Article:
Philadelphia University’s Paul J. Gutman Library:

“Single Bullet: Arlen Specter & the Warren Commission Investigation of the JFK Assassination.”

Information on of some of the many TV specials, movies and books that will be available around the anniversary of JFK’s death this month:

Daily Bulletin

San Jose Mercury News

TV Guide

USA Today


Article by Regina Duffy, writer for the Communication & Service Promotion team and Library Events and Program coordinator.

SteinResearch links provided by Merrill Stein, team leader of the Assessment team and liaison to the Department of Political Science.

Our new Dig Deeper series features links to Falvey Memorial Library resources curated and provided by a librarian specializing in the subject, to allow you to enhance your knowledge and enjoyment of seasonal occasions and events held here at the Library. Don’t hesitate to ‘ask us!’ if you’d like to take the excavation even further. And visit our Events listings for more exciting upcoming speakers, lectures and workshops!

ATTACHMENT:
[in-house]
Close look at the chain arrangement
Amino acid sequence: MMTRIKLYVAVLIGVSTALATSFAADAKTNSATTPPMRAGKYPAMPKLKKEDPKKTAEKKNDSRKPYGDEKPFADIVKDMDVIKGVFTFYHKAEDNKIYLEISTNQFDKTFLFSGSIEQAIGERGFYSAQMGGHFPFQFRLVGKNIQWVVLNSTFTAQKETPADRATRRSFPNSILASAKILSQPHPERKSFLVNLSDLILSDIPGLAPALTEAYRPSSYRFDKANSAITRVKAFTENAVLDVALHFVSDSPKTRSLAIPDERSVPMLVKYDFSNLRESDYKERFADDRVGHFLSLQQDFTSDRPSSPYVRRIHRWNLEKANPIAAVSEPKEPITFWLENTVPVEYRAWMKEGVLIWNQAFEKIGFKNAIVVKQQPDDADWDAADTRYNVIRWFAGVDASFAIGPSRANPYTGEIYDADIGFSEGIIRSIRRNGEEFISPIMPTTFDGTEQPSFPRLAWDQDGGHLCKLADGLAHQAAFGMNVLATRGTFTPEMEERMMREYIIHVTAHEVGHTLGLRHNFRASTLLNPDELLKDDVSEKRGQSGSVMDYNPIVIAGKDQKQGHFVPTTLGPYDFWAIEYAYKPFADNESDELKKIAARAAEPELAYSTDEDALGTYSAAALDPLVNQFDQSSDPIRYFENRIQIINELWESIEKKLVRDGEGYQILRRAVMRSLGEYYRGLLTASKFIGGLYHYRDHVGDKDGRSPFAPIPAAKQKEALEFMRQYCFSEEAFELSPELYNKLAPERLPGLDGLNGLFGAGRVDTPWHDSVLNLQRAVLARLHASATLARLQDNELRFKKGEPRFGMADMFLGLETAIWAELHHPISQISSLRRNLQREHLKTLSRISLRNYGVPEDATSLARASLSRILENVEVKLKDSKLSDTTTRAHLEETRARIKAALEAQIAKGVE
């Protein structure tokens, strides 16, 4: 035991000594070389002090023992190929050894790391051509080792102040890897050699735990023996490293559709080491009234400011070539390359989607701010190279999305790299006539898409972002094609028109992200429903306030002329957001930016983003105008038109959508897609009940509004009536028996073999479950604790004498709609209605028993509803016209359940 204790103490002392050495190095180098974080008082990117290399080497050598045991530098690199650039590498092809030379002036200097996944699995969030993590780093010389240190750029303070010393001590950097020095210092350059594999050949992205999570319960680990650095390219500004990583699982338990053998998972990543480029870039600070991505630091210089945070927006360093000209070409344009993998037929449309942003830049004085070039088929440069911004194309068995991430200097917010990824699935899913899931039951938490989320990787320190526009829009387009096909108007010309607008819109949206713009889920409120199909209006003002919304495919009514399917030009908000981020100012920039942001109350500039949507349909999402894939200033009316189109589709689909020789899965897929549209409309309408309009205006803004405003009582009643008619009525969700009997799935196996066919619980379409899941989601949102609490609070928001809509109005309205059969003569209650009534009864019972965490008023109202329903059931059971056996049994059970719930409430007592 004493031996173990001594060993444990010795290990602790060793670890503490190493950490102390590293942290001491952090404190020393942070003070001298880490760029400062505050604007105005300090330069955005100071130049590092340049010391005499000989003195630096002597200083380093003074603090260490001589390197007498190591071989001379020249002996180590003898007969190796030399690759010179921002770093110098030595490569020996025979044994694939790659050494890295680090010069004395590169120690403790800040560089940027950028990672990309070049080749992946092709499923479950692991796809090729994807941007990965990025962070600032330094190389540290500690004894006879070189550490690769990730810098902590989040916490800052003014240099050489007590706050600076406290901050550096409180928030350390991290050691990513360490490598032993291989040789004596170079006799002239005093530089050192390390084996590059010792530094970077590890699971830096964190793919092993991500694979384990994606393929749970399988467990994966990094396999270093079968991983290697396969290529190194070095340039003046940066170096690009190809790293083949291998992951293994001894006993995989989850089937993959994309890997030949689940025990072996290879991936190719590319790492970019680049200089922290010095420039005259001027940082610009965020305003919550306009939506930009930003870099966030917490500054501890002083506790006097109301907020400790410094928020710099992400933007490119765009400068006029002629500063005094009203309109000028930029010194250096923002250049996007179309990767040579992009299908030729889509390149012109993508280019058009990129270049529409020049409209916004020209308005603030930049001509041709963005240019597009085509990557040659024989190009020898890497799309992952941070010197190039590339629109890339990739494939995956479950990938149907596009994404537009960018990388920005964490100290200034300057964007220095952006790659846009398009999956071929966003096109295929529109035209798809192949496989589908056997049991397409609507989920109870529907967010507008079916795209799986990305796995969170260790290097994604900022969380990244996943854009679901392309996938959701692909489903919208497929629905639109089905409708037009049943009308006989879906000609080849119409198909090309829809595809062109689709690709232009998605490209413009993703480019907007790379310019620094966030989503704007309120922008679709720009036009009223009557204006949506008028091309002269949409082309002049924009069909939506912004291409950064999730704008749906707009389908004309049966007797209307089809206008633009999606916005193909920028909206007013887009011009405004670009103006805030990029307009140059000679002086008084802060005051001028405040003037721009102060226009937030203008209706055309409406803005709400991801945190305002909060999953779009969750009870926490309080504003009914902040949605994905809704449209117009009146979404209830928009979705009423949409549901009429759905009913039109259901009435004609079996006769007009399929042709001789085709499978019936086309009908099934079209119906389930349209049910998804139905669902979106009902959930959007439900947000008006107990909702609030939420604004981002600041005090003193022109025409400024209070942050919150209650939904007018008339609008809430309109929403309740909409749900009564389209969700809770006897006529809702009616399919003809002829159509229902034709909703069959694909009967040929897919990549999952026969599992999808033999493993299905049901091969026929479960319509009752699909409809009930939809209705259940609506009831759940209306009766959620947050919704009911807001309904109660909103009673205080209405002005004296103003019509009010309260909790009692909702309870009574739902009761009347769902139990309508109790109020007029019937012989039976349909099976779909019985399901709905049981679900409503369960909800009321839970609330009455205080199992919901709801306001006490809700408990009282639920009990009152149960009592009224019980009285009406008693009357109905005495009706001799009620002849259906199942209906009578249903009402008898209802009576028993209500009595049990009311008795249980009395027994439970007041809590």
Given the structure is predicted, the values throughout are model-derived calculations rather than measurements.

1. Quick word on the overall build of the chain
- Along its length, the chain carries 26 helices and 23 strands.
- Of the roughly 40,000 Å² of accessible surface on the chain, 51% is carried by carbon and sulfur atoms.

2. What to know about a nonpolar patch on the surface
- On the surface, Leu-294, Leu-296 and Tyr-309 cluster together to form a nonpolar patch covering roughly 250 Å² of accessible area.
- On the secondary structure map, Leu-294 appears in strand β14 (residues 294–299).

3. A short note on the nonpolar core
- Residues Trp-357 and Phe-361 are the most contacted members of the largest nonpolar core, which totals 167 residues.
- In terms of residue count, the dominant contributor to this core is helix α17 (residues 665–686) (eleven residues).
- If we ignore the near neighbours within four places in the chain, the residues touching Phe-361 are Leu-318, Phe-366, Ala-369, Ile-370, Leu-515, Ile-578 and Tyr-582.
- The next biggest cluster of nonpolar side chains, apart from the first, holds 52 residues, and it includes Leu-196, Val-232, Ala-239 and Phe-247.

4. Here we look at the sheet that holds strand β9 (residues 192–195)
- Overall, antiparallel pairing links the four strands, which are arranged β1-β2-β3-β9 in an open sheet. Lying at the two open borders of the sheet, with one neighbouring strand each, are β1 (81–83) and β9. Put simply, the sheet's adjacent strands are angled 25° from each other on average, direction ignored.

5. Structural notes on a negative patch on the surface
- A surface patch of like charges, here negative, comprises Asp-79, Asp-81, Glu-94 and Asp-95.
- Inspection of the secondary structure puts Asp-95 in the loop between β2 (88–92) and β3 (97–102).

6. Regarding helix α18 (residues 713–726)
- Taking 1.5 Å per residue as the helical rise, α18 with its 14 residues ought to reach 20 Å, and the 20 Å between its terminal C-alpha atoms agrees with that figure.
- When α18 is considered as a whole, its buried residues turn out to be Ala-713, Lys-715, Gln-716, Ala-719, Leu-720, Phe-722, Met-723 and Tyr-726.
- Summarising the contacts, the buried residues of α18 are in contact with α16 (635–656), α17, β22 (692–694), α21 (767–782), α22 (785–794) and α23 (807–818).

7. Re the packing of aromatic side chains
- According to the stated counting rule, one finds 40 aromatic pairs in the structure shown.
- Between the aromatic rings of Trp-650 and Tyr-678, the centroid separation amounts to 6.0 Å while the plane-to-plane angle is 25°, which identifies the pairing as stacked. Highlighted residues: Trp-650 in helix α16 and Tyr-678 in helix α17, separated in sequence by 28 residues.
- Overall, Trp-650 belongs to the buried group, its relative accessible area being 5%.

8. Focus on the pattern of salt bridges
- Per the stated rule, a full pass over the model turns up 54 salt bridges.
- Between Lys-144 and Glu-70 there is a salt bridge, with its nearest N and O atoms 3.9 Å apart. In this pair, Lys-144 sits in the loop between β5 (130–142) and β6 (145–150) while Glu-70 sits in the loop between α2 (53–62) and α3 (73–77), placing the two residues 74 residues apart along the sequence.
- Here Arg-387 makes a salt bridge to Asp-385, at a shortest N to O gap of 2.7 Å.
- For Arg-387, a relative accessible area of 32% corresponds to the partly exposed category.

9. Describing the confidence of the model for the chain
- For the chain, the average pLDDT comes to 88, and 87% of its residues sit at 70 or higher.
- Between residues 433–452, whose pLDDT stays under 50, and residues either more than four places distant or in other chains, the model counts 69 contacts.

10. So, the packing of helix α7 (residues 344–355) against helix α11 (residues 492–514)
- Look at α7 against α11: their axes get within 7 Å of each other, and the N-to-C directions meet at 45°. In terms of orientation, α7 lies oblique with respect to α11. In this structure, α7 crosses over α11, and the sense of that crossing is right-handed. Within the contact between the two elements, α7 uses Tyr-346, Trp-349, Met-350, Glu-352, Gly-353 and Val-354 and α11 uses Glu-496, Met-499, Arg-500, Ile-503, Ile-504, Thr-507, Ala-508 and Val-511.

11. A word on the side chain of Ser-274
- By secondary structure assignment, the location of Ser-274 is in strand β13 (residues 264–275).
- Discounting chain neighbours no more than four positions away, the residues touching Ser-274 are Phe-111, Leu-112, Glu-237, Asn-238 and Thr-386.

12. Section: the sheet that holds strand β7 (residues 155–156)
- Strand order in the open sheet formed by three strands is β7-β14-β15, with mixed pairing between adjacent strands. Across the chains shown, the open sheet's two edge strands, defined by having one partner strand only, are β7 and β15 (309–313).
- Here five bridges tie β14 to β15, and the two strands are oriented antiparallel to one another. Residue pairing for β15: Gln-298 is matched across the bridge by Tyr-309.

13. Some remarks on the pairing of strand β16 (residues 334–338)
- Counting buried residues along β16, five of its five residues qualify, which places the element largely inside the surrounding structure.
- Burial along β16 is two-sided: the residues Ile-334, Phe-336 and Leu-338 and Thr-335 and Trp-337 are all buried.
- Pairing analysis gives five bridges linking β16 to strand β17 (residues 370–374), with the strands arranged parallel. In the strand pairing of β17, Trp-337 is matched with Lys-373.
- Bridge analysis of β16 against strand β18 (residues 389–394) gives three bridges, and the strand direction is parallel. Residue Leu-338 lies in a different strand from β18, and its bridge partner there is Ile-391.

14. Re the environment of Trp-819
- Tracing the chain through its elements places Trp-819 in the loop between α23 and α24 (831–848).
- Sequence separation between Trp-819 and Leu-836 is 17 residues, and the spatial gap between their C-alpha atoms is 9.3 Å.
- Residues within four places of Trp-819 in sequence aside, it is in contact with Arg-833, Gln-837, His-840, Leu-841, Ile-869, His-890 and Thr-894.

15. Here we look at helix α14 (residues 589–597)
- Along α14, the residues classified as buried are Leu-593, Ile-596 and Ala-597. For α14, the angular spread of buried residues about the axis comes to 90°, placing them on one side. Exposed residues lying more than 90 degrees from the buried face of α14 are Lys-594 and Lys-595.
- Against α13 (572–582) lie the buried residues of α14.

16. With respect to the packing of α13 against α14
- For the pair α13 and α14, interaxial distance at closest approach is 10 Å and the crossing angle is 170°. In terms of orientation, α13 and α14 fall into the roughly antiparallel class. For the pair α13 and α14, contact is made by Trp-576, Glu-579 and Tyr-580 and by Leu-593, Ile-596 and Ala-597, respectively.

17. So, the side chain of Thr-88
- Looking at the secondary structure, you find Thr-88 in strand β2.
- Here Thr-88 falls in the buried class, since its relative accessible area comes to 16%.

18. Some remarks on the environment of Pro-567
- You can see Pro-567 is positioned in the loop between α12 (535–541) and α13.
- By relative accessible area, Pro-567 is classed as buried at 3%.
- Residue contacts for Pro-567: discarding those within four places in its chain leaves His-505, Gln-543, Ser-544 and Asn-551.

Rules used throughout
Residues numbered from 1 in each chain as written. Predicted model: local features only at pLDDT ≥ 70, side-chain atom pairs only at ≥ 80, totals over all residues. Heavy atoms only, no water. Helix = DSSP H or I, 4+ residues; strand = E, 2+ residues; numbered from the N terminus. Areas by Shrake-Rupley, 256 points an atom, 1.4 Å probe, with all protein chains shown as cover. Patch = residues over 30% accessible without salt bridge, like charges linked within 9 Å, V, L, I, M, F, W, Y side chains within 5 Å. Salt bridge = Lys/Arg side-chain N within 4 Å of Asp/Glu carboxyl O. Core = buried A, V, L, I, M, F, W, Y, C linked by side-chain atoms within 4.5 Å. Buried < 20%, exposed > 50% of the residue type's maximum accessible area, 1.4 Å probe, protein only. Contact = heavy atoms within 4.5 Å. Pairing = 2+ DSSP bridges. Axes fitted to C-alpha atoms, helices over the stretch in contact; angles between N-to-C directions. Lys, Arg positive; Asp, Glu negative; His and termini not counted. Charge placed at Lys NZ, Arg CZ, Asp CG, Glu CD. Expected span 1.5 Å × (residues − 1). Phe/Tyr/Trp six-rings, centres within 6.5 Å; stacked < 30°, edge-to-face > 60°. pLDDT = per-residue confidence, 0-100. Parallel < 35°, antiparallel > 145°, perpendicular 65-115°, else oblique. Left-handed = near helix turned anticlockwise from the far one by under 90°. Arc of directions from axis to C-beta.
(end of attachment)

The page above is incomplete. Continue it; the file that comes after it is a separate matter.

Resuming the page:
Like

Cristina Soriano, PhD, Presents Research on Social Networks in Colonial Venezuela

Cristina Soriano, PhD

Cristina Soriano, PhD

This Wednesday, Nov. 20, Cristina Soriano, PhD, holder of the Albert R. LePage Endowed Professorship and assistant professor in the Department of History, will deliver a lecture as part of our ongoing Scholarship@Villanova series. The lecture is entitled “The Revolutionary Contagion: Pamphlets, Rumors, and Conspiracies in Venezuela during the Age of Revolutions,” and explores the many fascinating connections between plebeian literary practices, webs of circulation of information, and the emergence of social networks for political mobilization in colonial Venezuela.

This week’s Dig Deeper material was prepared by Jutta Seibert, librarian and Team Leader for Academic Integration.


Martín Tovar y Tovar [Public domain], via Wikimedia Commons